Brain atrophy is something that happens to absolutely everyone, not just if you have MS. In fact, it’s a normal part of ageing. Our brains keep growing until we are in our very late teens and then very slowly start to shrink. This process can also be called brain volume loss, or brain shrinkage. But the damage caused by MS can make this happen a little bit faster.
So why can this happen in MS? Some cells in the brain die as a part of normal aging but in MS there are other processes taking place as well. For example, when myelin is destroyed the axon becomes much more vulnerable to further damage from the immune system. Sometimes resulting in the loss of the whole neuron. The continued loss of neurons and myelin can lead to the brain shrinking faster than normal.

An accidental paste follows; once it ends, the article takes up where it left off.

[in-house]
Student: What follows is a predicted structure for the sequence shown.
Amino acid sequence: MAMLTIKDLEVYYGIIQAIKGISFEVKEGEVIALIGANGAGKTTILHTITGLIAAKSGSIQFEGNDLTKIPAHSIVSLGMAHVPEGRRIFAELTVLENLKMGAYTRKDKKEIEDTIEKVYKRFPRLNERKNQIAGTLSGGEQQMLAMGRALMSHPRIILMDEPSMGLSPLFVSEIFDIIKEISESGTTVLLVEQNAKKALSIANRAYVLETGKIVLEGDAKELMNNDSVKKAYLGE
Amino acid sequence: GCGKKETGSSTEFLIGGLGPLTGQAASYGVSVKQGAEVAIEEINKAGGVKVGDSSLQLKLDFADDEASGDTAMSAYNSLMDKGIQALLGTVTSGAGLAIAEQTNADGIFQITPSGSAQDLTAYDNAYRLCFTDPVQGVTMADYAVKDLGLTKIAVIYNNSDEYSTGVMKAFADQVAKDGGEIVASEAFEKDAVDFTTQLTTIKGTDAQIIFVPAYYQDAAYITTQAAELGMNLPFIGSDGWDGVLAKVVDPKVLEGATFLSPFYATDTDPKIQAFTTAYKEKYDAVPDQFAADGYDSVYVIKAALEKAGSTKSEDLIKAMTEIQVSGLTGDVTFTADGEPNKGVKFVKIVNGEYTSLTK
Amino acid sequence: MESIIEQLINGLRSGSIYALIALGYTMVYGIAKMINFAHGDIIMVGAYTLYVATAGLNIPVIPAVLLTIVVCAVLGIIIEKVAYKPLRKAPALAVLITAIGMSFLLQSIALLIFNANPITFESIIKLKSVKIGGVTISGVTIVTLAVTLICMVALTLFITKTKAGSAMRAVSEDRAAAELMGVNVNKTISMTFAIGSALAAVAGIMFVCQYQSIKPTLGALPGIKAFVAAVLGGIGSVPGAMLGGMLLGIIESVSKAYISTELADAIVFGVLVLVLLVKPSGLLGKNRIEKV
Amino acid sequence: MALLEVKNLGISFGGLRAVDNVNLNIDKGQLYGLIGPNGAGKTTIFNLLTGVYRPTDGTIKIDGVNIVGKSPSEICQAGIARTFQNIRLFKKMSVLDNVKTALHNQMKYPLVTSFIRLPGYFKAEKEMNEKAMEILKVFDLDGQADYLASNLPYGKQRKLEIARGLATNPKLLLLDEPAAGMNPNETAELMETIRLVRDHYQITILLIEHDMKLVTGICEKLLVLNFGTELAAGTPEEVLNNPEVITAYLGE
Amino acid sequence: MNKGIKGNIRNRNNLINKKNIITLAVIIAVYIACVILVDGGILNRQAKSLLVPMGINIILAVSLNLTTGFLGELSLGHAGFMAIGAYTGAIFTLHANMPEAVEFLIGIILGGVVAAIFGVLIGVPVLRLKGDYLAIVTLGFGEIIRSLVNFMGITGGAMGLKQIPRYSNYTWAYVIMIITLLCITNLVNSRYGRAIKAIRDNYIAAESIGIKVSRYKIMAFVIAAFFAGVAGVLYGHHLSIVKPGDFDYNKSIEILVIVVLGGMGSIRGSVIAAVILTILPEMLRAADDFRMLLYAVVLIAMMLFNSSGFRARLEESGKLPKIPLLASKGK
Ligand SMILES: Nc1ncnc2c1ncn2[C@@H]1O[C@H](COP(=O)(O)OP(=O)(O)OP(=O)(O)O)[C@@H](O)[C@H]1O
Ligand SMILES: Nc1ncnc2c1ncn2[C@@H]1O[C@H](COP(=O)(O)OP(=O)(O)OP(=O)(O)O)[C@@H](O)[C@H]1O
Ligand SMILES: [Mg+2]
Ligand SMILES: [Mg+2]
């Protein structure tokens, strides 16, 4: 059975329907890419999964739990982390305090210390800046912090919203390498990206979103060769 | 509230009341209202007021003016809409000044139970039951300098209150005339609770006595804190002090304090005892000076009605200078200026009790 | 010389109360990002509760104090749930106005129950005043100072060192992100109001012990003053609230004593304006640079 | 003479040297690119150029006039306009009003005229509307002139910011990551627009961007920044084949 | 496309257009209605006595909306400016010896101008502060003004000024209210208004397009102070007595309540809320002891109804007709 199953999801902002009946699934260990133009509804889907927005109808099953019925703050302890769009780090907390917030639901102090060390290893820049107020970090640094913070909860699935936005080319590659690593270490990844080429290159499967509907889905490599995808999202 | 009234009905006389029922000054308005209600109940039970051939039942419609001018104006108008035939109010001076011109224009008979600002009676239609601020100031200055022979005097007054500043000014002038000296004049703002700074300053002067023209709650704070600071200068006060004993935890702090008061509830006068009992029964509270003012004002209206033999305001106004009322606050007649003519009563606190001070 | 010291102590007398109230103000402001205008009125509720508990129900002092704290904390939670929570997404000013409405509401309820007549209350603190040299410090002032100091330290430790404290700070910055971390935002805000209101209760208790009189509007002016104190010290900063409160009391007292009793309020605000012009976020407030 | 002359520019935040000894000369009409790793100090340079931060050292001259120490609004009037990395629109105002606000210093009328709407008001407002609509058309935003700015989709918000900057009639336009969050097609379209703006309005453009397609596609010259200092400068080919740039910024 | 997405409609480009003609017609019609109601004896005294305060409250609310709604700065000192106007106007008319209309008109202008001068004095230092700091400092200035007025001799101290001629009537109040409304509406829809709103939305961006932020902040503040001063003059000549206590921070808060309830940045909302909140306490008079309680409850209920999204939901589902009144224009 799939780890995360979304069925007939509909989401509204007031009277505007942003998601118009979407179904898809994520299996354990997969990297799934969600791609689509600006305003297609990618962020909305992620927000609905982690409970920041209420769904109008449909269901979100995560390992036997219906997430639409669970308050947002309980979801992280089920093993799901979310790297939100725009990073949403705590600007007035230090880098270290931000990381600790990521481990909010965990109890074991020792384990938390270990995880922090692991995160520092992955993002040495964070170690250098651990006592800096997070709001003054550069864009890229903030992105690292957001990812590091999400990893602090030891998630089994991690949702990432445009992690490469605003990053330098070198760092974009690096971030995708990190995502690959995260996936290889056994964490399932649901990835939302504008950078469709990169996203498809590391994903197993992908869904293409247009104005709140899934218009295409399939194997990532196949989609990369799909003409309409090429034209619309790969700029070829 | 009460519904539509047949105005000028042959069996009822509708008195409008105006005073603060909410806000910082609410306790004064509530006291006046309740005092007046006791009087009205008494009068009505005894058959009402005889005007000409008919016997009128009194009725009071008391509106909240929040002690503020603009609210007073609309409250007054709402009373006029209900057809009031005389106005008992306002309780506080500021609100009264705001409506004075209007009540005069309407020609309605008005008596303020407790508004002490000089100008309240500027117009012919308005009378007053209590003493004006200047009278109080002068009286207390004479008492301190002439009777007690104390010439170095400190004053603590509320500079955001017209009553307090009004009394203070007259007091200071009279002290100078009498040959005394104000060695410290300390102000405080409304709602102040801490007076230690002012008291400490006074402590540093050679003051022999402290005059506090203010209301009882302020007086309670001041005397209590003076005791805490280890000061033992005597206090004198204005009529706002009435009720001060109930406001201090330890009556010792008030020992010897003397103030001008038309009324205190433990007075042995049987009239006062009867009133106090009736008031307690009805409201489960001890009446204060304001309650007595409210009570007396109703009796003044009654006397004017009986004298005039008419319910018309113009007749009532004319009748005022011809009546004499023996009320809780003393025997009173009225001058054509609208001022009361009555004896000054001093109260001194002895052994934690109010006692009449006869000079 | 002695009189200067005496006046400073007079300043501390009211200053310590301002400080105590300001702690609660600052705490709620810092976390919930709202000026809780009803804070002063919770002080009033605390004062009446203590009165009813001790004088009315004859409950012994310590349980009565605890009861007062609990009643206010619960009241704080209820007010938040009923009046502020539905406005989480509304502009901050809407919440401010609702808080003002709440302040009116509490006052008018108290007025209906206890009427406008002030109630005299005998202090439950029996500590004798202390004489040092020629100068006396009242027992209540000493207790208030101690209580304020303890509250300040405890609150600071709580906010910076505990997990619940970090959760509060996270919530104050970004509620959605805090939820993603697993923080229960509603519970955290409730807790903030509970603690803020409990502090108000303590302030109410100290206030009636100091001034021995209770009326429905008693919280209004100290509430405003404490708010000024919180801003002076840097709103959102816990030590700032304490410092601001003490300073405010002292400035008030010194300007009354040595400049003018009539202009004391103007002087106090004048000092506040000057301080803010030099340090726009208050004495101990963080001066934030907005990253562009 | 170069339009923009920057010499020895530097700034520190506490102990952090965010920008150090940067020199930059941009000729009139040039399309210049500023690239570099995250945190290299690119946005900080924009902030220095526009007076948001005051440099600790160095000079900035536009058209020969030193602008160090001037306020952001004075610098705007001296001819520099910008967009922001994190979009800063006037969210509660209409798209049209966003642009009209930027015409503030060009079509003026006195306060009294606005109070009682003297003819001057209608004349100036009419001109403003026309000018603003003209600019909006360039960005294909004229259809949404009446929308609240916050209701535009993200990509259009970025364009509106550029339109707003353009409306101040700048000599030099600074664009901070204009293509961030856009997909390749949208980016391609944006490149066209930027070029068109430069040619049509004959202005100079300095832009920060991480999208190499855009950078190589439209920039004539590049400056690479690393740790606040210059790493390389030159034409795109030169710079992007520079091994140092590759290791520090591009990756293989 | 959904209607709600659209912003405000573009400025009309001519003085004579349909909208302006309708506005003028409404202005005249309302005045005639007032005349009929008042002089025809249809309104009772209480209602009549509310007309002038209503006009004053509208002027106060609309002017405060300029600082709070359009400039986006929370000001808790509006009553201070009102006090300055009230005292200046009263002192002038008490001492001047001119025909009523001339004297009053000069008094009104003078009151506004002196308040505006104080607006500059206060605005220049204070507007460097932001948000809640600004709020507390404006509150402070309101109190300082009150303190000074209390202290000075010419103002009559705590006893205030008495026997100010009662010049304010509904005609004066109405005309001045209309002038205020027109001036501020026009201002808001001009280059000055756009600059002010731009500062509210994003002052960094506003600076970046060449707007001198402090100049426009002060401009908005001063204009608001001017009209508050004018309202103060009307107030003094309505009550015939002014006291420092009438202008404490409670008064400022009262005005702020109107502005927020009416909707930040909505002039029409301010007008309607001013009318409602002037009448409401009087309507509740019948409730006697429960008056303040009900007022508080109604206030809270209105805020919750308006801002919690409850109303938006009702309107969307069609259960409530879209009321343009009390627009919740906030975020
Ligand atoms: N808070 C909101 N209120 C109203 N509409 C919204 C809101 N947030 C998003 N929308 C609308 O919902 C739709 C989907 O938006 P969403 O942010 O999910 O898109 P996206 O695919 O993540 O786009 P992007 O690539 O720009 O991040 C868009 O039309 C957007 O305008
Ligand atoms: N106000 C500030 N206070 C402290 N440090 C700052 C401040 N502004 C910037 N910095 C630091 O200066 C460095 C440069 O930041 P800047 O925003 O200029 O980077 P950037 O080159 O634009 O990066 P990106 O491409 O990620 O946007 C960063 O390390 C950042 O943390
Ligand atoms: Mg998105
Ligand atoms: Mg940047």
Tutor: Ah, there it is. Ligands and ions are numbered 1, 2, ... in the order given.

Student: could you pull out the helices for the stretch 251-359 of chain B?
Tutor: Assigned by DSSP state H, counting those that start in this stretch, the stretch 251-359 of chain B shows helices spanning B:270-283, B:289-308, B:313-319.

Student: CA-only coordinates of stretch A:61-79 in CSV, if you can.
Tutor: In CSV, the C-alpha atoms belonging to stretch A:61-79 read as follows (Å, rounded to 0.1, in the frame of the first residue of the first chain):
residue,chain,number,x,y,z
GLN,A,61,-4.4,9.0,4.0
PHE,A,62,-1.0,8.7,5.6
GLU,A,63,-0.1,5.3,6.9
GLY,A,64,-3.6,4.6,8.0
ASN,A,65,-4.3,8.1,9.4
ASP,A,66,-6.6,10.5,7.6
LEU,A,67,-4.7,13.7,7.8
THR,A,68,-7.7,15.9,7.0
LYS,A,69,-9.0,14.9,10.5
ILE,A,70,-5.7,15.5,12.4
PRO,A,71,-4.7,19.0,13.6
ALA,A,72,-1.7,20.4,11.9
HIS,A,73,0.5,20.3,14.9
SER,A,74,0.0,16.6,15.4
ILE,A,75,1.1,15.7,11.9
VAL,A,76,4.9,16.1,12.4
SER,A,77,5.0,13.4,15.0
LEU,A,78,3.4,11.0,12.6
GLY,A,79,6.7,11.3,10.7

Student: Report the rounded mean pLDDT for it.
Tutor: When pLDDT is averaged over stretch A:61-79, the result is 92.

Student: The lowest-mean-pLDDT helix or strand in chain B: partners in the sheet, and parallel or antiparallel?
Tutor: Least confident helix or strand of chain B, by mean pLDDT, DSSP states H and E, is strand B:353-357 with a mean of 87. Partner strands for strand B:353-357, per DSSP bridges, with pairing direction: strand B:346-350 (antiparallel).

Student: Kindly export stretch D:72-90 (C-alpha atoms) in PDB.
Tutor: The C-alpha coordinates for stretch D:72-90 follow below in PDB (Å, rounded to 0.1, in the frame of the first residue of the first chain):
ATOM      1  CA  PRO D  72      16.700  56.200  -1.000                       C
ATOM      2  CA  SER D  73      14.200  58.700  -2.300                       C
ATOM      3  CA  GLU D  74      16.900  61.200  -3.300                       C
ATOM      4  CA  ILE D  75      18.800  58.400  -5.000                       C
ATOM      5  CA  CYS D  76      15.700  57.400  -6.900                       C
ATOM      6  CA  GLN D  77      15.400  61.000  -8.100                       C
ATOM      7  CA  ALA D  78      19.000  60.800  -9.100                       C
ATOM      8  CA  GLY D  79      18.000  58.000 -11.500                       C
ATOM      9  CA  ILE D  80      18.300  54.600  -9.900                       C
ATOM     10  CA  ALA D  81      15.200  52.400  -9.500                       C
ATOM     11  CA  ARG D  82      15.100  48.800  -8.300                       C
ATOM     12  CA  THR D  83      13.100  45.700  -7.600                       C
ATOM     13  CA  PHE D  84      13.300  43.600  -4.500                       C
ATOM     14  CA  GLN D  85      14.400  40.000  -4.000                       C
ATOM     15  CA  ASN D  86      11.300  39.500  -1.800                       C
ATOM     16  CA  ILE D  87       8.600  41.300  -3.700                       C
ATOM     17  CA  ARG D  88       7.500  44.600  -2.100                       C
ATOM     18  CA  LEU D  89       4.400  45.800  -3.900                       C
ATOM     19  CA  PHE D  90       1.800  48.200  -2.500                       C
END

The brain tries to cope with this damage by replacing the myelin and by using other pathways to re-route signals around these broken connections. But as these alternative pathways become damaged and broken themselves due to MS, the brain can no longer compensate.
Because the brain can find ways to compensate for some of this damage, changes to the brain can take place early on in MS, before you start to notice any symptoms.
These early changes in MS, including damage to neurons, brain atrophy and the development of lesions, are important as they have been linked to a number of problems, including long-term disability, problems with walking, vision, sexual function and mental health.